Apple Inc.'s iPhone has had a remarkable run over the past year, shaking up the stodgy design of cell phones and securing Apple a lucrative slice of the wireless business.
To sustain that momentum and keep fickle consumers and Wall Street happy, the company needs a dramatic second act with the next generation of iPhones, which roll out Friday with faster Internet access and lower retail prices.
But even with Apple's untouchable image in the eyes of the Macintosh faithful, there are no guarantees against a letdown for the company or its volatile stock.
After all, Apple has stumbled before in its foray into the cellular business, with a poorly executed price cut two months after the iPhone launch that left many early buyers fuming. And now that it's a significant part of the wireless market, Apple faces some of the same threats as more-established handset makers.
Among those pressures: intensifying competition and the uncertainty of a fractured market with many big players. There's also the risk that even with Apple's sparkling reputation, the iPhone might become so widely available that it loses some of the cachet that inspires buyers to wait in lines outside stores.
No one disputes that Apple and Chief Executive Steve Jobs have rattled the cell phone industry with the iPhone's design and features, which are furiously being copied by other handset makers.
And Apple appears on track to meeting its sales targets for the iPhone — essential to appeasing investors.
However, unlike with the iPod, which became a blockbuster thanks partly to the device's tie-in with the iTunes music service, Apple is wrestling a crowded field of entrenched competitors with the iPhone.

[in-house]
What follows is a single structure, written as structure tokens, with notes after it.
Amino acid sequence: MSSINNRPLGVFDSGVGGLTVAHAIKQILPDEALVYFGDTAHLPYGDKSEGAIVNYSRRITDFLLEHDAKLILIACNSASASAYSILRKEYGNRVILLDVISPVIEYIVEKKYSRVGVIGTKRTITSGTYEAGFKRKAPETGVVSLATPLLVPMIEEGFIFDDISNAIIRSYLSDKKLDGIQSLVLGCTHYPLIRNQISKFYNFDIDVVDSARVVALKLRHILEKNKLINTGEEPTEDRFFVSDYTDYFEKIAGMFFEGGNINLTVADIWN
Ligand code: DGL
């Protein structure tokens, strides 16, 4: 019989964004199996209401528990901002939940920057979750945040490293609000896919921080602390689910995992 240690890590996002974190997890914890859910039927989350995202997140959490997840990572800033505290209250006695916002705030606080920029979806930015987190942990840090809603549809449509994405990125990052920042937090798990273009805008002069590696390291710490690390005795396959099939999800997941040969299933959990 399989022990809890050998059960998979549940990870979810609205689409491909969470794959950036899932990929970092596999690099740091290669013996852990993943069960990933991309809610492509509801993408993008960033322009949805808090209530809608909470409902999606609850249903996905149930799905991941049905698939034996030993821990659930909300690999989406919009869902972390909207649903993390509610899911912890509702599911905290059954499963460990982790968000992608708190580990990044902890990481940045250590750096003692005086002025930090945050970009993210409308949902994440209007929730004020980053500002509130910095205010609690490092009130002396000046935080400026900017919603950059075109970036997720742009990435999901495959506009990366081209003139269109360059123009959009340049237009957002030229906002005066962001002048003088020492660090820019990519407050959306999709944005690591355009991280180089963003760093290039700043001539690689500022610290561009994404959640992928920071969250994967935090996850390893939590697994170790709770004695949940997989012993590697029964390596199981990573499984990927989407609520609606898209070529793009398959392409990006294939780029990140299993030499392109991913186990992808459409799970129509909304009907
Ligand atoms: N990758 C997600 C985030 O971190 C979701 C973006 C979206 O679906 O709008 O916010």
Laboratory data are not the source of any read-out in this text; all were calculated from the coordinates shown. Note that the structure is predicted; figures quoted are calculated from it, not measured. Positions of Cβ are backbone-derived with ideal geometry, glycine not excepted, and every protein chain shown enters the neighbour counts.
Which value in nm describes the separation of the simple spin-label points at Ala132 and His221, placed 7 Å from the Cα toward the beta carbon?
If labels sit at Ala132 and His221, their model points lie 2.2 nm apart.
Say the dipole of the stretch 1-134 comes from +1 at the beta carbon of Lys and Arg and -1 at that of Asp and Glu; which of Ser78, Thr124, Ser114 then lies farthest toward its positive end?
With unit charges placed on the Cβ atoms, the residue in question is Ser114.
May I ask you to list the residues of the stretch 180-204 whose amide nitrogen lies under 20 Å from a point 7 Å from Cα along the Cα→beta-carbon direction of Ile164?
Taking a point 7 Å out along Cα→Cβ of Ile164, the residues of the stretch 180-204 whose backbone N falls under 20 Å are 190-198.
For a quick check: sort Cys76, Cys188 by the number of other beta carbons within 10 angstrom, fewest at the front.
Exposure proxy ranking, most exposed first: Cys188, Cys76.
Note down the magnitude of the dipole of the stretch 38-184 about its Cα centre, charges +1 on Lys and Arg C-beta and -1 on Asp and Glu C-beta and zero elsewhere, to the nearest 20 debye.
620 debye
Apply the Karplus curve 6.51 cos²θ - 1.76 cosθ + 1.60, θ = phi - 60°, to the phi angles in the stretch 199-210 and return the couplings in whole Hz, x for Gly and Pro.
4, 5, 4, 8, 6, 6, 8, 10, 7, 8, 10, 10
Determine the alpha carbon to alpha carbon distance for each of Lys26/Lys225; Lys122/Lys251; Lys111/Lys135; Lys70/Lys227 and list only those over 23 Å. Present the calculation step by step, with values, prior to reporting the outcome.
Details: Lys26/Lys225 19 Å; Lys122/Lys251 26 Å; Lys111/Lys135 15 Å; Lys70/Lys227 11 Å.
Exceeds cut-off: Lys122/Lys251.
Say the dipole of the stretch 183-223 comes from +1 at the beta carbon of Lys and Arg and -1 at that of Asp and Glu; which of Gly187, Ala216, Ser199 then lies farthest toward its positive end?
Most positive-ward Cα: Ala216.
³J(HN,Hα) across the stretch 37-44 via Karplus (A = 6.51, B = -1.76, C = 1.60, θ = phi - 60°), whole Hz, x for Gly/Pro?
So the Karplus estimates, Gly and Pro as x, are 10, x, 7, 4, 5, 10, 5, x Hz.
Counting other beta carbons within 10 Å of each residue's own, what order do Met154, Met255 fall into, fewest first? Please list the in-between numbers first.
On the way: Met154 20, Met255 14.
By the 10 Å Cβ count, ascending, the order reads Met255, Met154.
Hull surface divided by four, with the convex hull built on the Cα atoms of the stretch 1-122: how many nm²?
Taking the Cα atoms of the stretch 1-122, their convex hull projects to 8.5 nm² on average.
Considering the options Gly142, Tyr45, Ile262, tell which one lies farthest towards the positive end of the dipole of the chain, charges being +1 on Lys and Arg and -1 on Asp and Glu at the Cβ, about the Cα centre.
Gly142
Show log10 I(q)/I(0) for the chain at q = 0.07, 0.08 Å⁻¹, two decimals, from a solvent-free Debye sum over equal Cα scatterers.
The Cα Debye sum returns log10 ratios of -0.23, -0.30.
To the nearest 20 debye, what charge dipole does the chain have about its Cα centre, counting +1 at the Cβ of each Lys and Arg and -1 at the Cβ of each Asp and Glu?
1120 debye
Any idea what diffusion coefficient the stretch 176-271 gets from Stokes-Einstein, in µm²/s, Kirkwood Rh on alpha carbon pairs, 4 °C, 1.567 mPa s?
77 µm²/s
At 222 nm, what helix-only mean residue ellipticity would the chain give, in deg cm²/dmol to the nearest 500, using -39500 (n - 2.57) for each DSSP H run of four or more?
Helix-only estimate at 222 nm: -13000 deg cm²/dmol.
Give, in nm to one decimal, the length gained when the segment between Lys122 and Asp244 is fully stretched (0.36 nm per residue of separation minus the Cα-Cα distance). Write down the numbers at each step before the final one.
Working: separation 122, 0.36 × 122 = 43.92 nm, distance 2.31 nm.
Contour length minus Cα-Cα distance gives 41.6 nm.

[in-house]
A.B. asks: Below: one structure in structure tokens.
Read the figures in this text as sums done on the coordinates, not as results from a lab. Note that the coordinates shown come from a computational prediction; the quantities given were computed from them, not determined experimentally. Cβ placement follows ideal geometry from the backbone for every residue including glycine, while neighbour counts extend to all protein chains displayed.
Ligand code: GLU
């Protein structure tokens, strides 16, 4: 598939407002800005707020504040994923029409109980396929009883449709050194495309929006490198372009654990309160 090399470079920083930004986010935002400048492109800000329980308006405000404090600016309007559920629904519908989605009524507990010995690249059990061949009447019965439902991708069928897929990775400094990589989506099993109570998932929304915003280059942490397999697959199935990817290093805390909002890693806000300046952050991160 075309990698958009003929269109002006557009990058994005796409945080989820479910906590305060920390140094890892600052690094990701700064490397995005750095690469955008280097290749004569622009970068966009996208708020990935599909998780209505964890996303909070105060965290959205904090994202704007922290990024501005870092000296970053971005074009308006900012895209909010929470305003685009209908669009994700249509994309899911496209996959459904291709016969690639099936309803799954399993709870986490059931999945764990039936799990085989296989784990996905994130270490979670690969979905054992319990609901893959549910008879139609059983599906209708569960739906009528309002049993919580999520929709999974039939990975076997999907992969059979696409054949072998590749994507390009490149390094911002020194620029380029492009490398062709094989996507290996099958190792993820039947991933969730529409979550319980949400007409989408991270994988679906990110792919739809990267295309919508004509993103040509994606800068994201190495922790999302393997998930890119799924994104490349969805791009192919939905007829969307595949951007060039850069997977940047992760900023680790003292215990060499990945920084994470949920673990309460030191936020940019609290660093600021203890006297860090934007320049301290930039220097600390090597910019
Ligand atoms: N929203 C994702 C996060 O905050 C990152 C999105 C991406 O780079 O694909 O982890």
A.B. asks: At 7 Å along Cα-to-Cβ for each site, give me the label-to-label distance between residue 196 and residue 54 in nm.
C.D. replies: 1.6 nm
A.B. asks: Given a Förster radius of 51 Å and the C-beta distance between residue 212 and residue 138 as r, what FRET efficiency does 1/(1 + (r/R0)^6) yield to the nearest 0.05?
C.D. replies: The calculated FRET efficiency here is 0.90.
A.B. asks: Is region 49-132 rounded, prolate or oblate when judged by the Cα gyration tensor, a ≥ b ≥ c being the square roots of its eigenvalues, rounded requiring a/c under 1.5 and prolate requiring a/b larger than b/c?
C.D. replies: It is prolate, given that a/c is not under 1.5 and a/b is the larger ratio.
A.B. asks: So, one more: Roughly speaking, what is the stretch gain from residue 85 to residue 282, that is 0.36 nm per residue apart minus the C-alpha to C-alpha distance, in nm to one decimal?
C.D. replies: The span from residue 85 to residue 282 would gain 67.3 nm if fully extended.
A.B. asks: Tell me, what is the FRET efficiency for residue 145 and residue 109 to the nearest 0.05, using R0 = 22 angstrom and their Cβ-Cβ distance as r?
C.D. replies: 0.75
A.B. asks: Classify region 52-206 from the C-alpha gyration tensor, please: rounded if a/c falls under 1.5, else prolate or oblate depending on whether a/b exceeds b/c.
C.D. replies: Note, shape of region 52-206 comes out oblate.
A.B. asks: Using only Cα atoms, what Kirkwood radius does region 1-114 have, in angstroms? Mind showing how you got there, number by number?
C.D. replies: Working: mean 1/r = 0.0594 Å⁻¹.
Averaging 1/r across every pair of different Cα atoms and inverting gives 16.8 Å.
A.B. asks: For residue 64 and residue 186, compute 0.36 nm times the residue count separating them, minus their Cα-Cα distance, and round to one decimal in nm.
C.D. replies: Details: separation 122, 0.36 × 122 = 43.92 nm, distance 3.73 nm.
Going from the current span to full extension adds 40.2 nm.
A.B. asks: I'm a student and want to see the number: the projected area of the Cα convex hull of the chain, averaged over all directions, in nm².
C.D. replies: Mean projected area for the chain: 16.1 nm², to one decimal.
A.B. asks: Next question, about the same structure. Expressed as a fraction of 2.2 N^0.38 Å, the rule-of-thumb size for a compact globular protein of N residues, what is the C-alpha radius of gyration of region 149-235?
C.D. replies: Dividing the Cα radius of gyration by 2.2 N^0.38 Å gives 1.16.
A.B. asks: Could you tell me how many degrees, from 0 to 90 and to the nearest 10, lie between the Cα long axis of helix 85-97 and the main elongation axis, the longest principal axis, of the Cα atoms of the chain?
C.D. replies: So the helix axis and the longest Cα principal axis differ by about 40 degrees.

That means Apple must maintain the iPhone's cool factor as rival handset makers race to catch up. The landscape could look even tougher after new types of phones and applications emerge with Google Inc.'s upcoming Android mobile operating system.
"It's something that's still probably overlooked — people aren't thinking that the iPhone is a product that could get commoditized. People have made the assumption that it will continue to generate strong margins," said Andy Hargreaves, consumer electronics analyst with Pacific Crest Securities. "But you have to start thinking about it."
Apple declined to comment.
The iPhone is a small part of Apple's business — only 5 percent of its overall sales in the latest quarter. Macintosh computers and iPods typically generate 75 percent of Apple's revenue.
But iPhones are hugely profitable. By some estimates, Apple stands to make between $100 and $400 on each new iPhone sold, depending on the model and wireless carrier.
Investors have put down big bets on Apple's plans, pushing the company's shares up from $120 in March to around $180 today, mostly on anticipation that Apple will blow through its sales projections for the iPhone.
Put another way, though, anything short of a blowout could slam Apple's notoriously volatile stock.
"To keep the stock price up, they'd have to do well, very well, amid high expectations — it's a very tough stock," said Shaw Wu, an analyst with American Technology Research.